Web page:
US Urban Planning Policies and Socio-Spatial Issues

Urban Sprawl in the U.S. and Urban Planning

The issue of peri urbanization has become especially topical for the cities of the XXI century. Due to the rapid growth of major cities, the options that large cities provide in terms of employment, and the possibilities for personal and professional growth, which cities provide, urban areas often suffer from overpopulation caused by the influx of country residents. The urbanization process defines city planning in most cases. Because of the necessity for the people of different origins and ethnicities to retain their national identity, the need for urban planning to be based on zoning appears, which conflicts with the current tendency for rapid urbanization and the principles of cluster development. While the problem specified above is not unique, and a range of large cities, including Istanbul, Montreal, and Moscow face it at present, the introduction of better traffic management, which is viewed as a possible solution, is only applicable for the U.S. large cities.

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Instructional and Legal Policy: Key Principles of the U.S. Urban Planning

Urban planning and legal concerns

It should be noted that the existing rules and regulations, as well as state legislation, approve of the process of urban sprawl and are supposed to encourage the further urbanization of the state. The current legal principles can be viewed as a result of the tradition set at the very beginning of the urbanization process: “Specific efforts at regional planning have a long history in the US, dating back to the regional plan associations in New York, Chicago and Los Angeles of the 1920s” (Schmidt & Buehler, 2007, p. 60). Nevertheless, there are several minor ditches in the current legislation, which allow for shaping the New York policies and bringing the rates of urbanization and the following deterioration of relationships between the representatives of different diasporas down. Legal issues can also be considered a minor obstacle in solving the problem in the aforementioned cities of Europe and Asia (Hall & Falk 2014).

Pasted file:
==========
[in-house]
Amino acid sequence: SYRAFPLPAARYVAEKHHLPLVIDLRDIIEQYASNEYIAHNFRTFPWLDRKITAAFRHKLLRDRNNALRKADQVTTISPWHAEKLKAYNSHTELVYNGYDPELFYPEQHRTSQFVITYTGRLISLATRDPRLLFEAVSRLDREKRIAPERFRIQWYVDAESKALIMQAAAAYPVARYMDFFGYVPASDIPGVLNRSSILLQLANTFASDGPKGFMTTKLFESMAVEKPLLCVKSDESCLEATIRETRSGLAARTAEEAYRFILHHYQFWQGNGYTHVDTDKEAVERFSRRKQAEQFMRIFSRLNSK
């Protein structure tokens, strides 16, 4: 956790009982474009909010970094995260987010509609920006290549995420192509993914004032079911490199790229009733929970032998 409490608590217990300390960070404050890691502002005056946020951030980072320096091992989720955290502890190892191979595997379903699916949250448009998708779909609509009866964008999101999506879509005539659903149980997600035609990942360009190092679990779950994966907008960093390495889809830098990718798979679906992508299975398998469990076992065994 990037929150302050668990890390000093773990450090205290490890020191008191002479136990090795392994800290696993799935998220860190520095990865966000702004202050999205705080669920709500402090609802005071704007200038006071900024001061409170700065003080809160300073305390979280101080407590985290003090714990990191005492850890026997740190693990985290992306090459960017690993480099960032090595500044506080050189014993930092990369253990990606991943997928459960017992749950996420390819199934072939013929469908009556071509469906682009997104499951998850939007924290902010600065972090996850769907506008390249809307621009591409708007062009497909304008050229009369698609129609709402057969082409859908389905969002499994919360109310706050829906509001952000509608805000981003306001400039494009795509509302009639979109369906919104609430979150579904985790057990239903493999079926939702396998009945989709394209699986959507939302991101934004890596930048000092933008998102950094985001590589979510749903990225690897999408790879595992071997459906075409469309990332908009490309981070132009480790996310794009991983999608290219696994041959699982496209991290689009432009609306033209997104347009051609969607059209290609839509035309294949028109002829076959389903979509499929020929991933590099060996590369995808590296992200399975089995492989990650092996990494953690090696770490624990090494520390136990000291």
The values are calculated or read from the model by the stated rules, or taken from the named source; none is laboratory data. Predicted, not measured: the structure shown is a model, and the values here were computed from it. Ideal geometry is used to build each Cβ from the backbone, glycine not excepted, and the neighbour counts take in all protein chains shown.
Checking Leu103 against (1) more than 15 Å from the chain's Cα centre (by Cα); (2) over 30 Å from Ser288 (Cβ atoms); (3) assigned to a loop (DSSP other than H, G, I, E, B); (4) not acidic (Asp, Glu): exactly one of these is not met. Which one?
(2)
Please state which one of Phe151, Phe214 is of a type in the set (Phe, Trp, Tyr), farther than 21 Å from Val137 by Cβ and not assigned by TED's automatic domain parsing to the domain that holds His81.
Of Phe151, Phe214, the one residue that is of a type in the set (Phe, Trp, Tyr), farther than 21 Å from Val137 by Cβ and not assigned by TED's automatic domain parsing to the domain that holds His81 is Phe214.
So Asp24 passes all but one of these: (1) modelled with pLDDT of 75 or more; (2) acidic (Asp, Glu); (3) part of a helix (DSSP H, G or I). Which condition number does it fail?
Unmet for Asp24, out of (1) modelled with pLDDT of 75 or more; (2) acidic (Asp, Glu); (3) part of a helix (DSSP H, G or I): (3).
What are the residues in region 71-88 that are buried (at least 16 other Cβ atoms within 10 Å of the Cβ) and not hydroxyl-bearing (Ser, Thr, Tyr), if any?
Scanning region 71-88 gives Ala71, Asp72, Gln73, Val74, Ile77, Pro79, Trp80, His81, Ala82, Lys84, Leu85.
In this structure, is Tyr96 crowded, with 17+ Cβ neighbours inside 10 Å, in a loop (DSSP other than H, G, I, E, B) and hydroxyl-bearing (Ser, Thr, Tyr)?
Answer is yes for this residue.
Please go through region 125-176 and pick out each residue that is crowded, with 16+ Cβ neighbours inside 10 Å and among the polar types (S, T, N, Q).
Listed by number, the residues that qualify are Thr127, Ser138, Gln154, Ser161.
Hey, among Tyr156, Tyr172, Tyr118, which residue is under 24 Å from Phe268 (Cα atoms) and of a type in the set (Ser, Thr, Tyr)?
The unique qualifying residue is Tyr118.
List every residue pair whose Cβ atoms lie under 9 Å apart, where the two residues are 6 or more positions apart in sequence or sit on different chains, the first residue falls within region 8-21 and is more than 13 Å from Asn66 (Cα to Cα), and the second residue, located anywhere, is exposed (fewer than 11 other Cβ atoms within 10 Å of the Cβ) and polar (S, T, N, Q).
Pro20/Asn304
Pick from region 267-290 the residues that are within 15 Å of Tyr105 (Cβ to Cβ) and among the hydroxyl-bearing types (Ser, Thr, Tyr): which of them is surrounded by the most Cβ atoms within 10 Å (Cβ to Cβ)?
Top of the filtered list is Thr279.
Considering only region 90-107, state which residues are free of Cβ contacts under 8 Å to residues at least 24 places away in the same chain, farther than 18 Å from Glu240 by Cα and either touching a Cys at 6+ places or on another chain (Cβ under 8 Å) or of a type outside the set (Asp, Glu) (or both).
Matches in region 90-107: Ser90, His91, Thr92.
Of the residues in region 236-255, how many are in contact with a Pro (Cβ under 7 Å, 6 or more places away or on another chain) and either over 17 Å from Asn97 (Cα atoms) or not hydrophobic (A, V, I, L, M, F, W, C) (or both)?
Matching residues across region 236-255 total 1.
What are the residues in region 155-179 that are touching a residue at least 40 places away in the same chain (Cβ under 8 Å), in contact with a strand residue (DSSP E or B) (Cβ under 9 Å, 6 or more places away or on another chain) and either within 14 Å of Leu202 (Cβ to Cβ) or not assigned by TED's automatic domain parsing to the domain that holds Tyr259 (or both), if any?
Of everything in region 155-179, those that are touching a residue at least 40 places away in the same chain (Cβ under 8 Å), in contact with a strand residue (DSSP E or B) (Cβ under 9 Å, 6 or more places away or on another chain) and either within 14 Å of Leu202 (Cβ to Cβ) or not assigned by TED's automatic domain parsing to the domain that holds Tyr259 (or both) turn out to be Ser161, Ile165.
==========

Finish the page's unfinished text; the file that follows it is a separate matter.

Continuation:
Reinventing the principles of urban planning

As it has been specified above and learned based on the existing evidence, New York authorities are going to address the problem of the urban sprawl and the possible conflicts between the representatives of different ethnicities by zoning the state and improving the city traffic system. The given case is a graphic example of how urban architecture and planning solutions can be used as the basis for developing approaches towards societal issues within the state (Masser & Williams 1986).

The solutions chosen by each of the countries specified above to solve the issue of city overpopulation are rather curious to take a closer look at. The choice that Moscow has made to address the problem of urbanization related overpopulation does not seem to solve the resulting cultural issues, though. According to the recent data, the state authorities have suggested the expansion of the city borders south and southwest (Kim 2011, para. 2).

Efficacy of the Adopted Approaches: Enhancing Urbanization

While the efficiency of the approach suggested can only be verified with its application and the following reassessment of the urban sprawl rates, even at present, one may suggest that improved traffic management will allow for better cooperation between different regions of the city. Thus, the necessity for people to target living in New York City and not in its suburban areas will disappear gradually. More importantly, zoning the city into several major diasporas linked to each other and to the city center with the help of an efficient transportation system will contribute to reducing the rates of assimilation, thus, making the retention of the original culture of immigrants possible. Hence, better planning of the city combined with the reconsideration of its traffic will help solve one of the basic sociocultural issues that the state authorities have been trying to approach for decades (Healey & Upton 2010).